Azure Media Analytics is a collection of speech and vision services offered at enterprise scale, compliance, security and global reach. The services offered as part of Azure Media Analytics are built using the core Azure Media Services platform components and hence are ready to handle media processing at scale on day one itself. For other media processors included in this announcement, see Milan Gadas blog post Introducing Azure Media Analytics.
We are very excited for the free public preview of the Azure Media Face Detector, and this blog will detail the use and output of this technology. This Media Processor (MP) can be used for people counting, movement tracking, and even gauging audience participation and reaction via facial expressions. You can access these features in our new Azure portal, through our APIs with the presets below, or using the free Azure Media Services Explorer tool. This service contains two features, Face Detection and Emotion Detection, and I’ll be going over their details in that order.
Face detection finds and tracks human faces within a video. Multiple faces can be detected and subsequently be tracked as they move around, with the time and location metadata returned in a JSON file. During tracking, it will attempt to give a consistent ID to the same face while the person is moving around on screen, even if they are obstructed or briefly leave the frame.
Note: This services does not perform facial recognition. An individual who leaves the frame or becomes obstructed for too long will be given a new ID when they return.
Here’s and example of a JSON configuration preset for just face detection.
Emotion detection is an optional component of the Face Detection Media Processor that returns analysis on multiple emotional attributes from the faces detected, including happiness, sadness, fear, anger, and more. This data is currently returned as an aggregate value of the whole window over a customizable window and interval.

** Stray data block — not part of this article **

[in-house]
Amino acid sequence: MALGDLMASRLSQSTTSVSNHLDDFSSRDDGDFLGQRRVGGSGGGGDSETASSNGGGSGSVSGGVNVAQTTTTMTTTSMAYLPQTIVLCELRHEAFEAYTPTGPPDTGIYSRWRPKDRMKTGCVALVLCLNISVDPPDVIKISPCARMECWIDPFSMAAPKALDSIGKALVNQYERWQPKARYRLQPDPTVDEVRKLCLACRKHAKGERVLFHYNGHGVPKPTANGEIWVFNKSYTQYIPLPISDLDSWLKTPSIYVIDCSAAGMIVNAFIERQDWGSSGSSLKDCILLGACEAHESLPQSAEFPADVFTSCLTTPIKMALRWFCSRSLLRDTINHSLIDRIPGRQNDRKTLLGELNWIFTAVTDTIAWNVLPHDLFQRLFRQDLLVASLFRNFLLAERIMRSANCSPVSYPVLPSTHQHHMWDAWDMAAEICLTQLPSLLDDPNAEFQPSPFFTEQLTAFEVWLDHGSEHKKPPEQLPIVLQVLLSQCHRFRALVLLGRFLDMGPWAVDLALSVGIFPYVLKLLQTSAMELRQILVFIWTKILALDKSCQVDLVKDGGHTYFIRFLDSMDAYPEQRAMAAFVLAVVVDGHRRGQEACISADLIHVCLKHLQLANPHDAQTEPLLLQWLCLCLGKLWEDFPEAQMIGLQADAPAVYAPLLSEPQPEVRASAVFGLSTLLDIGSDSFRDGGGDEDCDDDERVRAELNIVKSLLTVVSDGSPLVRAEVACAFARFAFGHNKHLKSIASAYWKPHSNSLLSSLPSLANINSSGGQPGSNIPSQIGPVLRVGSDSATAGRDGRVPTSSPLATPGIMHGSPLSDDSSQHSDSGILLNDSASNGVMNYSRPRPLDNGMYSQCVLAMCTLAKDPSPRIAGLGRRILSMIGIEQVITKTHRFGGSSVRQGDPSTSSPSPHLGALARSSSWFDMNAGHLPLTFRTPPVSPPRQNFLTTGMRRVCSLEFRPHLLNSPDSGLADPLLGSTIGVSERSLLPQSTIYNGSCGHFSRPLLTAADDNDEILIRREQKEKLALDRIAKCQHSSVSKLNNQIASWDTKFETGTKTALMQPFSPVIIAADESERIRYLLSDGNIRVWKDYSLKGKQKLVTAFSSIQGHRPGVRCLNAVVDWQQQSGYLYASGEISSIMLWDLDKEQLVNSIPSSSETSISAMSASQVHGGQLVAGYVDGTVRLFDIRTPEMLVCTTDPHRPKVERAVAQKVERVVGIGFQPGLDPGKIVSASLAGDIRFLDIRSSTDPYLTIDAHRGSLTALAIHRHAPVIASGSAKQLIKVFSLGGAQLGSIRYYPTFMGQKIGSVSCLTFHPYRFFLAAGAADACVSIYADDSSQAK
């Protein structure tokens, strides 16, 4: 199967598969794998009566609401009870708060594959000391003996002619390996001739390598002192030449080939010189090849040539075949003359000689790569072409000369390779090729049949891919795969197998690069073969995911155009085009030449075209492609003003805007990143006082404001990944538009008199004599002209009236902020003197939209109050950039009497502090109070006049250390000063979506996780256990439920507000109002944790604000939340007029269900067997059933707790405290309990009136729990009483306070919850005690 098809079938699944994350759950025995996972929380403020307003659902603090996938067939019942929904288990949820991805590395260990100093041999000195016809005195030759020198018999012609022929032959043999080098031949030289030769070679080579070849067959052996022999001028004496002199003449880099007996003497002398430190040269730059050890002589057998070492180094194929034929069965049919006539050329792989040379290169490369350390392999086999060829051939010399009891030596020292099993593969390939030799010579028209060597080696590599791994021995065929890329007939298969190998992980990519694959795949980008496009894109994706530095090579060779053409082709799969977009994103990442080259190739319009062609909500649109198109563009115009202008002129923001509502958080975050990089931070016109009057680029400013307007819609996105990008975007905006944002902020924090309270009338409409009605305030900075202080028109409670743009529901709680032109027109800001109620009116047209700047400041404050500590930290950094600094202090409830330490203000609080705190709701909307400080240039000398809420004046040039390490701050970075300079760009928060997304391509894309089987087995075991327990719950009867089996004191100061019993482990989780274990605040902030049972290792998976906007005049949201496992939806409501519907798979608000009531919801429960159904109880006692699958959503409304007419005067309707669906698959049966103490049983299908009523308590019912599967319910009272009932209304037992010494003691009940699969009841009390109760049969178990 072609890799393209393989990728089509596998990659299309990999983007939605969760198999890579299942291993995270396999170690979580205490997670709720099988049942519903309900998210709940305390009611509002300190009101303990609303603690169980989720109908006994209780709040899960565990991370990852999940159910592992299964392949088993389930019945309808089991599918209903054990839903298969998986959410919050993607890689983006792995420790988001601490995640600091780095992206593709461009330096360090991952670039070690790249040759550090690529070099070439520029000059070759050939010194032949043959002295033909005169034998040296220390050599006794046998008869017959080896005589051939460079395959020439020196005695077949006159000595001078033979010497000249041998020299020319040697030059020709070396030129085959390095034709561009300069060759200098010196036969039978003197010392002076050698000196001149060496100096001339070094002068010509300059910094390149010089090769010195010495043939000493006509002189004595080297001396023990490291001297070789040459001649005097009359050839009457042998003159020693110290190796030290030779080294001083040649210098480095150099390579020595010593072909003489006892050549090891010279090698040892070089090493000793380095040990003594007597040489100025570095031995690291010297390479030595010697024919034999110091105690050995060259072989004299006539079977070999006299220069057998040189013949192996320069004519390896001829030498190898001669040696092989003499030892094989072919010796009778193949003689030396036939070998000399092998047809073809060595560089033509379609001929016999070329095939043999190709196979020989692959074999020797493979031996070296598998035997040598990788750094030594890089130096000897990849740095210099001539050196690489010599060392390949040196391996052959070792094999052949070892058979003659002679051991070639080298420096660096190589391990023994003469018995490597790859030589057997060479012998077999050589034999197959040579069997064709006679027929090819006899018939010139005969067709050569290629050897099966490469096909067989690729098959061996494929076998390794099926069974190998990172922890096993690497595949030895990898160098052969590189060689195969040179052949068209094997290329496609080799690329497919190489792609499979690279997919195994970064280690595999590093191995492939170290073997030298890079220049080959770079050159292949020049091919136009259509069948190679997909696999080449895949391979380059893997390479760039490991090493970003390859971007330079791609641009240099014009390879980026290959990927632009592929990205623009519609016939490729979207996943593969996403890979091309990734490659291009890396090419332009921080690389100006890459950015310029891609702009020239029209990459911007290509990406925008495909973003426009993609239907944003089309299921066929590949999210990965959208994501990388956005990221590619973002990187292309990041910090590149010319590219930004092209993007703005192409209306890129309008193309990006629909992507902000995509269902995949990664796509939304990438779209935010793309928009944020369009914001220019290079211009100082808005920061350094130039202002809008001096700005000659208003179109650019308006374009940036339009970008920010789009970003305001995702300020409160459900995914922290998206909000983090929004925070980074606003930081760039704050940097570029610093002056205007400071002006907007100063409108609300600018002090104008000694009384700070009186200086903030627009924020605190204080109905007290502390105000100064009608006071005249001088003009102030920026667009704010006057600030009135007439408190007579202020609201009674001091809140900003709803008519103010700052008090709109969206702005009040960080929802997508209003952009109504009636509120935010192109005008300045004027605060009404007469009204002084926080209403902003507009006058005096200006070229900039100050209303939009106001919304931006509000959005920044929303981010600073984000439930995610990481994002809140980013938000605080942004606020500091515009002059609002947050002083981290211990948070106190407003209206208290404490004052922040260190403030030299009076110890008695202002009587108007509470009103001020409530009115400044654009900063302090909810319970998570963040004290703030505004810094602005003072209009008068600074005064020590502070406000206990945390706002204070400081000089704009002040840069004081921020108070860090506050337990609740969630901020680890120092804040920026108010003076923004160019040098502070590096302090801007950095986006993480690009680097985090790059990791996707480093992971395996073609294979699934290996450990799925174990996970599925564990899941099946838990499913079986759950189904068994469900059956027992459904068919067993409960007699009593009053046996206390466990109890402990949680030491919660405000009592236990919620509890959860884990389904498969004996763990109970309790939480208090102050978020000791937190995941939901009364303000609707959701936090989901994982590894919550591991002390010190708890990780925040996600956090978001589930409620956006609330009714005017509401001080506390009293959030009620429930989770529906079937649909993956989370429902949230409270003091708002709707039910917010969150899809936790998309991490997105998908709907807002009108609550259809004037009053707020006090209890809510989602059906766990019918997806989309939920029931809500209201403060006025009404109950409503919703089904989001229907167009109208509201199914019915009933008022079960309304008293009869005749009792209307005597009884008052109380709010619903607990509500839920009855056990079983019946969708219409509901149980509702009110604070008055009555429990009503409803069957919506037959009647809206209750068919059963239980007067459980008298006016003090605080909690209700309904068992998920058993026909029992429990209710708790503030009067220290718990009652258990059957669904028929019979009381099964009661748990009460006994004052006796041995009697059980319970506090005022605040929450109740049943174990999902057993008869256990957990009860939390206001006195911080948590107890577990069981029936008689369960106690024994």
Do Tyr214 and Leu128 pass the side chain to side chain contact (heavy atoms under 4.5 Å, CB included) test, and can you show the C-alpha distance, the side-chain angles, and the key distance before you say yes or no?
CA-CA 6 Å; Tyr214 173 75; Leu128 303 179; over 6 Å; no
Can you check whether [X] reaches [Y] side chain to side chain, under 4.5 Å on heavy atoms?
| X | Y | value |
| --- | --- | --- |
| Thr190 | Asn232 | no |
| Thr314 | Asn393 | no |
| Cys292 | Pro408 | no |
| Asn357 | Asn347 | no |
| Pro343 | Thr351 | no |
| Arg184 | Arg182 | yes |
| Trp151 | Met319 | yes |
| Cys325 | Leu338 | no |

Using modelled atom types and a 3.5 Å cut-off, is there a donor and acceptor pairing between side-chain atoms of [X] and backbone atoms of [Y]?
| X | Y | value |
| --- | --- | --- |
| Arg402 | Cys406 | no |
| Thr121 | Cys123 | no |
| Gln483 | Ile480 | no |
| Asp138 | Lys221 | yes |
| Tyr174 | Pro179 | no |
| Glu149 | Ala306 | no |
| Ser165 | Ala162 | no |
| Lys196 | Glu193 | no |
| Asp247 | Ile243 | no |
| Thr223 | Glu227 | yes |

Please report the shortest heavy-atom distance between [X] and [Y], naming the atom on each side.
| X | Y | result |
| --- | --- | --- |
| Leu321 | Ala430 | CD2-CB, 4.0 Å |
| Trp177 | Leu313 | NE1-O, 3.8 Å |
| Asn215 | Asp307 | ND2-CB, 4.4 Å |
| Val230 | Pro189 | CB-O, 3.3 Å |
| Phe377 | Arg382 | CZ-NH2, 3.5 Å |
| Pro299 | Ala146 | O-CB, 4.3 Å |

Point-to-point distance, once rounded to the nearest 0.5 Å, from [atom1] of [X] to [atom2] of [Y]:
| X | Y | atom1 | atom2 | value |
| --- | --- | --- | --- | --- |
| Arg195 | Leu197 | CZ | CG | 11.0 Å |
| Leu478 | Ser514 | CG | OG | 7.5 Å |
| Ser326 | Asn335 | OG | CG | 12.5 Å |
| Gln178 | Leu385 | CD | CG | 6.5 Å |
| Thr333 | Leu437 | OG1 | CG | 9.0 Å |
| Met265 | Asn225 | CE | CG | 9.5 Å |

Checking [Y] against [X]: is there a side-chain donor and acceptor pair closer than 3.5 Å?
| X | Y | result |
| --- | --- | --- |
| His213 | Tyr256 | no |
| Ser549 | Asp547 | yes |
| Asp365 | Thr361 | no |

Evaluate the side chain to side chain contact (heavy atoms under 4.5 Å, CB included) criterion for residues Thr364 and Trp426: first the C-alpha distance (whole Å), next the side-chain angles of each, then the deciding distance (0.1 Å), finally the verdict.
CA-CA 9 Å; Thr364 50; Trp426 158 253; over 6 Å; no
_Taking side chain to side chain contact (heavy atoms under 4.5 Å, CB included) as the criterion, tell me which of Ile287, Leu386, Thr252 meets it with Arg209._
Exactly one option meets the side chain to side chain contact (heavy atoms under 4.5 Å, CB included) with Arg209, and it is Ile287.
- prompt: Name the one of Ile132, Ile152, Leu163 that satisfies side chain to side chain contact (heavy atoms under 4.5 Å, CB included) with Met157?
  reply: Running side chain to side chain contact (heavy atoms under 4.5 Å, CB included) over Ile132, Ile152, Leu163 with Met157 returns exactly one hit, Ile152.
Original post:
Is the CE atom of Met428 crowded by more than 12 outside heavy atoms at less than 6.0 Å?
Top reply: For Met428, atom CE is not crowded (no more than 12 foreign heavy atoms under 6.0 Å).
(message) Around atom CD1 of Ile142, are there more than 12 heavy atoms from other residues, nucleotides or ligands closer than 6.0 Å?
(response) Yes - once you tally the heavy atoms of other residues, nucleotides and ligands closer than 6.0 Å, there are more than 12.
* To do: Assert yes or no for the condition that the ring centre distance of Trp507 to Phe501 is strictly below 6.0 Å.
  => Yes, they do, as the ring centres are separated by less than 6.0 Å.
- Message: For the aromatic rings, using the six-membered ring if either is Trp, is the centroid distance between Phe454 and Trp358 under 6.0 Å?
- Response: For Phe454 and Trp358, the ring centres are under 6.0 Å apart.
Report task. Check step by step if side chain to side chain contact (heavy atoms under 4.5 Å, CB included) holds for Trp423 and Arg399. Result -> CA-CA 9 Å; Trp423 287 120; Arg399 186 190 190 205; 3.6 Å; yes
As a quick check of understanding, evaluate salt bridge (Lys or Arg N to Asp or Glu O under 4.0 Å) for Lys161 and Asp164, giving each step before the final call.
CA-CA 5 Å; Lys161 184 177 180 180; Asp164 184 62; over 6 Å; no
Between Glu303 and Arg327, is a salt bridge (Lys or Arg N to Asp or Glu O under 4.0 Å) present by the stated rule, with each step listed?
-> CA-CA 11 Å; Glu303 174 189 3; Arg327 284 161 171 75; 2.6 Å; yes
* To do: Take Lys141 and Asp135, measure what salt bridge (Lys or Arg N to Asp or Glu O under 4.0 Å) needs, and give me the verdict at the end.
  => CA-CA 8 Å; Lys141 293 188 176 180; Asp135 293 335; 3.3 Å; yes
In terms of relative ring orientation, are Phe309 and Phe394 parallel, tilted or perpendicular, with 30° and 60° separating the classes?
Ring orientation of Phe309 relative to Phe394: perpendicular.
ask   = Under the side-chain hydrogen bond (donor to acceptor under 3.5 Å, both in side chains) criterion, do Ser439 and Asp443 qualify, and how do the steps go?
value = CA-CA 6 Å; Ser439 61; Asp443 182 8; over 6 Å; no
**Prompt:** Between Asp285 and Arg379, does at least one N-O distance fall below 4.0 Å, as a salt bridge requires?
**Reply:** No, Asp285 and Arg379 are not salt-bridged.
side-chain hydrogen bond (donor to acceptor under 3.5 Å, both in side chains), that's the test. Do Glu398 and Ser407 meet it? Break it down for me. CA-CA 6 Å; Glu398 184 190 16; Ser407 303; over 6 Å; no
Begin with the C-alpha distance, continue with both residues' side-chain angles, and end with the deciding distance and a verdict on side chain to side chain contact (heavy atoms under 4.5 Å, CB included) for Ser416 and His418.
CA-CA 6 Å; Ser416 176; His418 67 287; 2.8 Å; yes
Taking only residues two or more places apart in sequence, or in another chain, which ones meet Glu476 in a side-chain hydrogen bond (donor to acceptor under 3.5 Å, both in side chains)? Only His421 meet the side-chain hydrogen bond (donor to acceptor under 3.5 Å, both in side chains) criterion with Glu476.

JSON Preset sample:
|Mode||Faces: Only face detection |
AggregateEmotion: Return average emotion values for all faces in frame.
|AggregateEmotionWindowMs||Use if AggregateEmotion mode selected: The length of video used to produce each aggregate result, in milliseconds.|
|AggregateEmotionIntervalMs||Use if AggregateEmotion mode selected: How frequently to produce aggregate results.|
Below are recommended values for the aggregate window and interval settings. Window should be longer than Interval.
|Defaults ( s)||Max ( s)||Min ( s)|
JSON output for Aggregate Emotion(truncated)
Understanding the output
The face detection and tracking API provides high precision face location detection and tracking that can detect up to 64 human faces in a video. Frontal faces provide the best results, while side faces and small faces (less than or equal to 24x24 pixels) are challenging.
The detected and tracked faces are returned with coordinates (left, top, width, and height) indicating the location of faces in the image in pixels, as well as a face ID number indicating the tracking of that individual. Face ID numbers are prone to reset under circumstances when the frontal face is lost or overlapped in the frame, resulting in some individuals getting assigned multiple IDs.
For the face detection and tracking operation, the output result contains the metadata from the faces within the given file in JSON format.
The face detection and tracking JSON includes the following attributes:
- Version: This refers to the version of the Video API.